Vessey Jr., John W.


1979 TLS as Army Vice Chief of Staff, last WW II Joint Chiefs Chairman 1982-85, only one not a service chief or head of a unified or specified command


Autograph ID: 6935
Condition: Very good, very faint clip stain at top left
Description: “(1922-2016) Career US Army officer, attained the rank of general, served as 10th Chairman of the Joint Chiefs of Staff. He began his 46-year military career in 1939 by falsely claiming to be 18 to join the Minnesota Army National Guard. His unit was activated for WW II and he took part in combat in North Africa and Italy. Vessey received a battlefield commission to 2nd lieutenant at Anzio and was a field artillery forward observer to the end of the war. He remained on active duty after the war, and advancing with increasing rank and responsibility, including assignments in West Germany in the Cold War. He attended the Army Command and General Staff College, the Armed Forces Staff College and the Industrial College of the Armed Forces. During the Vietnam War, he was XO of the 25th Inf. Div. Artillery and acting commander of 2nd Battalion, 77th Field Artillery, awarded the DSC for heroism in the Battle of Suoi Tre in Operation Junction City. Vessey led 3rd Armored Div. Artillery 1967-69, division chief of staff 1969-70. Promoted to brigadier general 1970, he was assigned as commander of US Army Supply Thailand, a logistics support area. He commanded military activities in Laos 1973-74 promoted to major general commanding 4th infantry Div. In 1975, he was promoted to lieutenant general as the Army's deputy chief of staff for operations and plans, G-3. He was promoted to general in 1976, commanding US Forces Korea and the 8th US Army. In 1978, Vessey became 1st commander of the ROK-US Combined Forces Command 1978-79, then assigned as Army Vice Chief of Staff. In 1982, President Reagan named him Chairman of the Joint Chiefs of Staff (only chairman who had been neither a service chief nor a commander of a unified or specified command, last WW II veteran to hold that position) until retiring in October 1985. His tenure was notable for his high-profile support of the Reagan-era increase in defense spending and military preparedness. Vessey and the Joint Chiefs in 1982 & 1983 advised against deployment of a Marine contingent to Lebanon as part of a multinational peacekeeping force; their advice was not taken, and in 1983, a truck-bomb attack on the Marine HQ building in Beirut killed 241 Marines and Army men. Vessey oversaw execution of the 1983 Grenada operation that rescued US citizens and brought a pro-US government into power. During Vessey's tenure, there was increased emphasis on space as a theater of operations. Reagan announced his Strategic Defense Initiative and a US Space Command was activated in 1985. After retirement, Vessey was involved in efforts to account for military personnel listed as missing in action, and made several trips to SE Asia to search for remains as part of resolving the Vietnam POW/MIA issue and was awarded the Presidential Medal of Freedom in 1992 and West Point’s Sylvanus Thayer Award in 1996.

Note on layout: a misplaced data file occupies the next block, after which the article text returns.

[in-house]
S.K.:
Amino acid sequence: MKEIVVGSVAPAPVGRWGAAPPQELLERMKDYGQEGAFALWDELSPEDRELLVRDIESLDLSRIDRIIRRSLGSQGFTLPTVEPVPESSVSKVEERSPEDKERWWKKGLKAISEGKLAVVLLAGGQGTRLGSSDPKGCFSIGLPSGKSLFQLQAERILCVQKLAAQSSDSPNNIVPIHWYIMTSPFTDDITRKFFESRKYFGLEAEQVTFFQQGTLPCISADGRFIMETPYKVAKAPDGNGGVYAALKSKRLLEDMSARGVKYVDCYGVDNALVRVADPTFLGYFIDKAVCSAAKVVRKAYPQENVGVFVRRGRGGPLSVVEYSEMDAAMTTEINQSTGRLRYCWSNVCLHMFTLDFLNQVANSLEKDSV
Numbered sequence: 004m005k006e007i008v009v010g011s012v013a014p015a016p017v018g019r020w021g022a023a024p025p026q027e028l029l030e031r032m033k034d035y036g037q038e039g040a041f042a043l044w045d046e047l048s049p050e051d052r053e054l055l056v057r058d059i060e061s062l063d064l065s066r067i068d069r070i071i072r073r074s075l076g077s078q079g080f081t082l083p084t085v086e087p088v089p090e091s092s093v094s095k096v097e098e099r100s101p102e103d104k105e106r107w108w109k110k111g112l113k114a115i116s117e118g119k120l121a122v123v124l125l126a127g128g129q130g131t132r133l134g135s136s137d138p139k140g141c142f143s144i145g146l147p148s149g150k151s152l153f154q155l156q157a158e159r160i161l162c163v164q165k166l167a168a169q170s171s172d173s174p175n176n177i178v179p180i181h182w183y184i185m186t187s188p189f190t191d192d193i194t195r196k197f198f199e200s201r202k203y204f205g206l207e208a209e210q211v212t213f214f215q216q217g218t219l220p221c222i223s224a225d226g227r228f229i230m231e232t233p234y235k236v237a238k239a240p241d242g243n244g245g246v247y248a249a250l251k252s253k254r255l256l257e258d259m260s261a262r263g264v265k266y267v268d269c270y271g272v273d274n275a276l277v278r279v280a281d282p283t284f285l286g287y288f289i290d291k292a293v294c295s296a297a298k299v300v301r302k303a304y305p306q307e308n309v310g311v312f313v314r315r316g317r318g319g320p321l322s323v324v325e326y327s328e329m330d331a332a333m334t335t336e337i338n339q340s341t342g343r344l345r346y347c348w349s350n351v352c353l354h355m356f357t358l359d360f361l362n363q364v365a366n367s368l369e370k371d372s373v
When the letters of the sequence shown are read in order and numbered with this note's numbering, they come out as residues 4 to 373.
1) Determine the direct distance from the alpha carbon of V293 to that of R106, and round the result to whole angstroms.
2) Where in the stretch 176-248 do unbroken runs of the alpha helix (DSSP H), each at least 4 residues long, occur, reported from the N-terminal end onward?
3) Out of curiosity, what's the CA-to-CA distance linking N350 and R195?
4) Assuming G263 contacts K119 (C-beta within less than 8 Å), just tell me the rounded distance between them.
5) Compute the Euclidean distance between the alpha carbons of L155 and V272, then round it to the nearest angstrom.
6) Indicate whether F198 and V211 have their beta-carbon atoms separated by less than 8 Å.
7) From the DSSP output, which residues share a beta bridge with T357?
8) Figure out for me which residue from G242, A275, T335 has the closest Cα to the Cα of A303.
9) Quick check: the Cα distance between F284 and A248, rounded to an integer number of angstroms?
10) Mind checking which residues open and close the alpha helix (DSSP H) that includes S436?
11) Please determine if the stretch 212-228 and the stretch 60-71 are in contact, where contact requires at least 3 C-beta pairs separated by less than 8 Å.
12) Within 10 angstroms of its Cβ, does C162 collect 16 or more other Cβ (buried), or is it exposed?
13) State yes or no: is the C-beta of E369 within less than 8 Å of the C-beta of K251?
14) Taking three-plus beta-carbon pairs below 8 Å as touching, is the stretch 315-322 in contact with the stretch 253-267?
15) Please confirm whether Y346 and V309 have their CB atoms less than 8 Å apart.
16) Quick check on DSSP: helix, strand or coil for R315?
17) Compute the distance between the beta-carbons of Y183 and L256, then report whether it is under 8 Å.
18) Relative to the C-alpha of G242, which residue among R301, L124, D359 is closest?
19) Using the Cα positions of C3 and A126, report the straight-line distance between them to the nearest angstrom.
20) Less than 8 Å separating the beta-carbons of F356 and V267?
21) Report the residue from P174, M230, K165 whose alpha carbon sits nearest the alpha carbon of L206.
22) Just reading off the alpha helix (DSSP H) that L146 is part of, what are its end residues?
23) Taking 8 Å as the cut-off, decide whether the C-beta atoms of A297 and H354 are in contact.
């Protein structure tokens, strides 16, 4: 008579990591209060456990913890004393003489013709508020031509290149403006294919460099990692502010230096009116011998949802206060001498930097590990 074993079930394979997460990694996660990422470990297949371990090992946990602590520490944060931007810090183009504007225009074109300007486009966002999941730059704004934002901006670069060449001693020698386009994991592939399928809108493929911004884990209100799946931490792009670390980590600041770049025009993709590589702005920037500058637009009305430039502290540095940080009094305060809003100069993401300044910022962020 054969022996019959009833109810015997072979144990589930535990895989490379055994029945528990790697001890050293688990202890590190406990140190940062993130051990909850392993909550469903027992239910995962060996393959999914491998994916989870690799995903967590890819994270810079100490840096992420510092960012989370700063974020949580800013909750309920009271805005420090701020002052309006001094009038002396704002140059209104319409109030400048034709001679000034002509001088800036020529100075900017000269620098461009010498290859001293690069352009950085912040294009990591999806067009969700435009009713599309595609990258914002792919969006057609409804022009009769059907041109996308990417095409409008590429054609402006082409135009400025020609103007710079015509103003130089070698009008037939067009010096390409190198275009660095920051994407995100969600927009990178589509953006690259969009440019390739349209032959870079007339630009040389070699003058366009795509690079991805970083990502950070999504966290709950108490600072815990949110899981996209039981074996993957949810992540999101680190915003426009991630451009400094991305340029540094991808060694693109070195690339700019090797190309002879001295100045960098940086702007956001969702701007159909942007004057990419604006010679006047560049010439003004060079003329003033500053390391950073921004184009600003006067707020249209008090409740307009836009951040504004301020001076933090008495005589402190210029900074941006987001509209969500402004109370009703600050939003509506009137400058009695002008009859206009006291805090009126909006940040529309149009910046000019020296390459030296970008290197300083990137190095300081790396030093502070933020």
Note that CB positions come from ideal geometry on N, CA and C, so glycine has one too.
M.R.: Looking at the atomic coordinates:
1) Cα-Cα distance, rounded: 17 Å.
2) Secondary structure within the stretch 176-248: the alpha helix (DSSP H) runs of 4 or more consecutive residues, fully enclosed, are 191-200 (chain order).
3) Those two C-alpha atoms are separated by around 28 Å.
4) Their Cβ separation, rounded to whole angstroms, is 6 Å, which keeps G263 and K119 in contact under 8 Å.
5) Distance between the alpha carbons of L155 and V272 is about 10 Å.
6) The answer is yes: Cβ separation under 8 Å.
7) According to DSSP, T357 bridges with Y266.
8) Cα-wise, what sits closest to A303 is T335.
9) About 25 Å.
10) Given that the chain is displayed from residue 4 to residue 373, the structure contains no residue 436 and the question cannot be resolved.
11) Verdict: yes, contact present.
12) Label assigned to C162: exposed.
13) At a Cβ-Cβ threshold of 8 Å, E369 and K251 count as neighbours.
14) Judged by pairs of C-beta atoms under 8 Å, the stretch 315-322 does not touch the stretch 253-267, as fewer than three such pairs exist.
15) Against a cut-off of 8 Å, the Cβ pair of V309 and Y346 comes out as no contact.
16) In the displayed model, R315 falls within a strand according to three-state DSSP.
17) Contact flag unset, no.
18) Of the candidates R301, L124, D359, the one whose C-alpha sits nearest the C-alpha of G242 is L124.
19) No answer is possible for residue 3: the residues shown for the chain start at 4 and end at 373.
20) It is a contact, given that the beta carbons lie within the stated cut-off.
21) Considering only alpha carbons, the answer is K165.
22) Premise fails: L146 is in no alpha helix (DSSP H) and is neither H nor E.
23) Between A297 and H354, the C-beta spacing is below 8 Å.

TLS “Jack” on 8 ½ x 7 4-star letterhead as General US Army and Vice Chief of Staff, Washington, December 17 1979, to “Dee” (Major General DeWitt C. Smith, Commandant, U Army War College). General Vessey informs Smith that on the 3rd try, his staff has determined that funds are available to solve his “official guest funding problem” and they will publish “an interim change to AR-230-1 in January to spell out the details”, apologizing for the delay and sending holiday wishes.

DeWITT C. SMITH, JR. (1920-1985) US Army officer, former deputy Army Chief of Staff, twice (and longest-serving) Army War College commandant 1974 -77, 1978-80. In 1942, he joined the Army commissioned a 2nd lieutenant with the 4th Armored Div. in combat after Normandy to the end of the War. Wounded 3 times, awarded Silver Star, 2 Bronze Stars for Valor, and 3 Purple Hearts. Discharged 1946, returned to active duty for the Korean War and stayed in the Army. He was an aide to Chief of Staff Gen. Maxwell Taylor, served in the "Old Guard" at Fort Myer, a battalion commander in Germany, and served at the Pentagon before going to the Army War College. He led a combat brigade of the 1st Infantry Div. in Vietnam. In 1970, under his leadership, Fort Carson, Colo. was made an initial test site for the modern volunteer Army concept. He retired in 1980.”

Type: Letter

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